Have You Gone to the ER With an Adrenal Crisis?

This Survey is to gather information for the Adrenal Insufficiency Awareness Organization’s grant project to create educational materials for ER personnel.

The survey is for those of you who have been to the ER during an impending or full blown Adrenal Crisis. (you may fill it out for a child or yourself)

Your help is appreciated!

At the end of the survey you will have the chance to enter for a chance to win an Adrenal Insufficiency Awareness Pin.

https://www.surveymonkey.com/s/ERcare

Adrenal Glands

adrenal-glandsAnatomy of the adrenal glands:

Adrenal glands, which are also called suprarenal glands, are small, triangular glands located on top of both kidneys. An adrenal gland is made of two parts: the outer region is called the adrenal cortex and the inner region is called the adrenal medulla.

Function of the adrenal glands:

The adrenal glands work interactively with the hypothalamus and pituitary gland in the following process:

  • the hypothalamus produces corticotropin-releasing hormones, which stimulate the pituitary gland.
  • the pituitary gland, in turn, produces corticotropin hormones, which stimulate the adrenal glands to produce corticosteroid hormones.

Both parts of the adrenal glands — the adrenal cortex and the adrenal medulla — perform very separate functions.

What is the adrenal cortex?

The adrenal cortex, the outer portion of the adrenal gland, secretes hormones that have an effect on the body’s metabolism, on chemicals in the blood, and on certain body characteristics. The adrenal cortex secretes corticosteroids and other hormones directly into the bloodstream. The hormones produced by the adrenal cortex include:

  • corticosteroid hormones
    • hydrocortisone hormone – this hormone, also known as cortisol, controls the body’s use of fats, proteins, and carbohydrates.
    • corticosterone – this hormone, together with hydrocortisone hormones, suppresses inflammatory reactions in the body and also affects the immune system.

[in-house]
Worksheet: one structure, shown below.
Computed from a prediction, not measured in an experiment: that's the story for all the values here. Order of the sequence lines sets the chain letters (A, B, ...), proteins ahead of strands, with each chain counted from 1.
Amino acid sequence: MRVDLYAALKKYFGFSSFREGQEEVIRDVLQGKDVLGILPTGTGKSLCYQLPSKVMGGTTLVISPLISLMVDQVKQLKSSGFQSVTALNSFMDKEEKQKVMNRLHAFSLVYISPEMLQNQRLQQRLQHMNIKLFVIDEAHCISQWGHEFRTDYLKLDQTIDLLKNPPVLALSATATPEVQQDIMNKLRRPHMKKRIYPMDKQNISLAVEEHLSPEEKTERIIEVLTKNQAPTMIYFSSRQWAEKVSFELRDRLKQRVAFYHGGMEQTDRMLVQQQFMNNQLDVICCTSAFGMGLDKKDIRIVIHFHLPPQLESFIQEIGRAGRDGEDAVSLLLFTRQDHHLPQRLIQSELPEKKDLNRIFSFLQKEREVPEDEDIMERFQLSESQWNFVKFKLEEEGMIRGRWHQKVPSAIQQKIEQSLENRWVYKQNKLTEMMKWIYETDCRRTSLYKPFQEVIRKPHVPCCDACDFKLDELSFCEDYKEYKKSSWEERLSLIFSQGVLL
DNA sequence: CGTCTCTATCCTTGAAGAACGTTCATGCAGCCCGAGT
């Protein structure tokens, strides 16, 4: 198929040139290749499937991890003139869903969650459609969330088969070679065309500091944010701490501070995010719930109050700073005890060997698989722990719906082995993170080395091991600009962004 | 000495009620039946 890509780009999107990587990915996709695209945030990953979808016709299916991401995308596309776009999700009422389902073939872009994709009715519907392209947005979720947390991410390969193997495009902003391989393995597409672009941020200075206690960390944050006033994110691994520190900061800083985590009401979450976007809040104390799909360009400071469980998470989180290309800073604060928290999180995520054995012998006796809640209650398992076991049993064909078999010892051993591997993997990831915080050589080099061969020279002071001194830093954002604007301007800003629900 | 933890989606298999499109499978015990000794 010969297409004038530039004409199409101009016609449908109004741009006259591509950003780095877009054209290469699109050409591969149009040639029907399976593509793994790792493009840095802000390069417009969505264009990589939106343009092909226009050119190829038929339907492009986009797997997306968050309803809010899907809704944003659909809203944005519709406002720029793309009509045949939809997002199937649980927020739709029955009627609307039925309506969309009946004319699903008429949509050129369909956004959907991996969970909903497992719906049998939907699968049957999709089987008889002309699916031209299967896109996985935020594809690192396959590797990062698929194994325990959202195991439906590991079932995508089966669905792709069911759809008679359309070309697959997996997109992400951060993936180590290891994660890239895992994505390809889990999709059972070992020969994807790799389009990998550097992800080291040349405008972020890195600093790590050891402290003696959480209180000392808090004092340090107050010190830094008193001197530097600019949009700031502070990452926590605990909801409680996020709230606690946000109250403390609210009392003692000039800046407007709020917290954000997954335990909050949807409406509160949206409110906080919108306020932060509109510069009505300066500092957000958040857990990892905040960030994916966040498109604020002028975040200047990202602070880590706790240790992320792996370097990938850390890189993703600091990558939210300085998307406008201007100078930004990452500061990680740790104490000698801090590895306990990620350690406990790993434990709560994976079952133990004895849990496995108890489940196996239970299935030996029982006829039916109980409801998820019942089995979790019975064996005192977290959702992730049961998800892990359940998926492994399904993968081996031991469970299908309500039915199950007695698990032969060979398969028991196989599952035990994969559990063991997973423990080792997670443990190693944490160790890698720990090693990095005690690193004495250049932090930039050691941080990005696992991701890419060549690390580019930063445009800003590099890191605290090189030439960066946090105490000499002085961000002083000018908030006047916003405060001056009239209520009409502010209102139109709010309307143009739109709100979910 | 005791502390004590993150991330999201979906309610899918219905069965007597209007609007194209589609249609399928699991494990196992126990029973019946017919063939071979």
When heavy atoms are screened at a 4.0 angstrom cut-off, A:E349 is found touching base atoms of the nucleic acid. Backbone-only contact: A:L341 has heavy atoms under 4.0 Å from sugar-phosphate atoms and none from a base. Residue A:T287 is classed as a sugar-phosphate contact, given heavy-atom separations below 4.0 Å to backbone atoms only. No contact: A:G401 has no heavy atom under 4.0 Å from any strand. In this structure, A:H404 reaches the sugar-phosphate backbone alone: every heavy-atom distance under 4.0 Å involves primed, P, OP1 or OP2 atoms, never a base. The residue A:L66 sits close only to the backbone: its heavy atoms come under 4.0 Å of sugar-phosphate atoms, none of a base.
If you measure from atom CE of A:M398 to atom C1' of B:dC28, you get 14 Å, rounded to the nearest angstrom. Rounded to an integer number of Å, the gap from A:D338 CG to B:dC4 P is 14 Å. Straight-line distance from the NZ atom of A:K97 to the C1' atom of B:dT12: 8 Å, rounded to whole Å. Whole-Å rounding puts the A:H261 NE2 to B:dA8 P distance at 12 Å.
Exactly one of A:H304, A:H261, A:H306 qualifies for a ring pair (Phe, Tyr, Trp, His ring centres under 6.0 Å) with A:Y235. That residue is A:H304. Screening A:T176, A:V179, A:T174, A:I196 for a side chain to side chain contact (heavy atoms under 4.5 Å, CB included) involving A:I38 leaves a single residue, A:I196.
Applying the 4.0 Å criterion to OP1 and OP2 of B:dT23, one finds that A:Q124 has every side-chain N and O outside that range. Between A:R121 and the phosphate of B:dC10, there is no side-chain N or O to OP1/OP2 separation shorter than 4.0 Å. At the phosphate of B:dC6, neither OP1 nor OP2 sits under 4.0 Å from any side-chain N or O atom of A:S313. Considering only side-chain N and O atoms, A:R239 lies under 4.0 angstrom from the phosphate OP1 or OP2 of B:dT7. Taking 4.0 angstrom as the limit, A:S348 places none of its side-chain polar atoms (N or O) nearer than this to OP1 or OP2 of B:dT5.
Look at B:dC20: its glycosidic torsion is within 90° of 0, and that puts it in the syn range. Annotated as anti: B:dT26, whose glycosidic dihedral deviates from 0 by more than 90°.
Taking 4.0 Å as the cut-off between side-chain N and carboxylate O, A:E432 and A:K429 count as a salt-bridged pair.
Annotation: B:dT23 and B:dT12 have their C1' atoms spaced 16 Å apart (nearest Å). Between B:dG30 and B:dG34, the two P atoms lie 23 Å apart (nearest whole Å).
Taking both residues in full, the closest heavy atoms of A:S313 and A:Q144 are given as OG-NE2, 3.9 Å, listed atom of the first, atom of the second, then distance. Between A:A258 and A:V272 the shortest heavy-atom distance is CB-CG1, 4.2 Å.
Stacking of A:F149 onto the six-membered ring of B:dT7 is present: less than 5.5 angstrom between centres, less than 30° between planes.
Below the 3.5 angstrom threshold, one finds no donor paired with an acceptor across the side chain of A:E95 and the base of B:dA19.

• aldosterone hormone – this hormone inhibits the level of sodium excreted into the urine, maintaining blood volume and blood pressure.
  • androgenic steroids (androgen hormones) – these hormones have minimal effect on the development of male characteristics.

What is the adrenal medulla?

The adrenal medulla, the inner part of the adrenal gland, is not essential to life, but helps a person in coping with physical and emotional stress. The adrenal medulla secretes the following hormones:

  • epinephrine (also called adrenaline) – this hormone increases the heart rate and force of heart contractions, facilitates blood flow to the muscles and brain, causes relaxation of smooth muscles, helps with conversion of glycogen to glucose in the liver, and other activities.
  • norepinephrine (also called noradrenaline) – this hormone has little effect on smooth muscle, metabolic processes, and cardiac output, but has strong vasoconstrictive effects, thus increasing blood pressure.

From: University of Maryland Center for Diabetes and Endocrinology

Pasireotide for the treatment of Cushing’s disease

Posted online on June 17, 2013. (doi:10.1517/21678707.2013.807731)

Annamaria Colao Chiara Simeoli Monica De Leo Alessia Cozzolino Rosario Pivonello

Department of Clinical Medicine and Surgery, Section of Endocrinology, Federico II University, Via Sergio Pansini 5,

80131 Naples

, Italy +39 0817462132; +39 0815465443; colao@unina.it

Author for correspondence

Introduction: Pasireotide, a novel multireceptor targeted somatostatin analog is the first drug approved for treatment of adult patients with Cushing’s disease (CD) for whom pituitary surgery is not an option or has not been curative.

Areas covered: The review describes published data on efficacy and safety of pasireotide in CD patients. In particular, the review focuses on a Phase III study (CSOM230B2305) evaluating the outcomes of treatment with pasireotide at the doses of 600 and 900 µg twice daily for 12 months in 162 CD patients. This clinical trial reported a decrease in urinary free cortisol levels in the majority of patients, with a substantial reduction in nearly half and a normalization in > 25% of patients included in the study, accompanied by an improvement in clinical picture as well as a significant reduction in pituitary tumor size. Hyperglycemia appears as the most important side effect, requiring a careful monitoring and a prompt administration of glucose-lowering medications.

Expert opinion: Pasireotide seems to have a promising role as medical option for CD patients who experienced a failure or not candidate for neurosurgery; its employment will probably induce in the near future significant changes in the therapeutic approach to CD.

Read More: http://informahealthcare.com/doi/abs/10.1517/21678707.2013.807731

%d bloggers like this: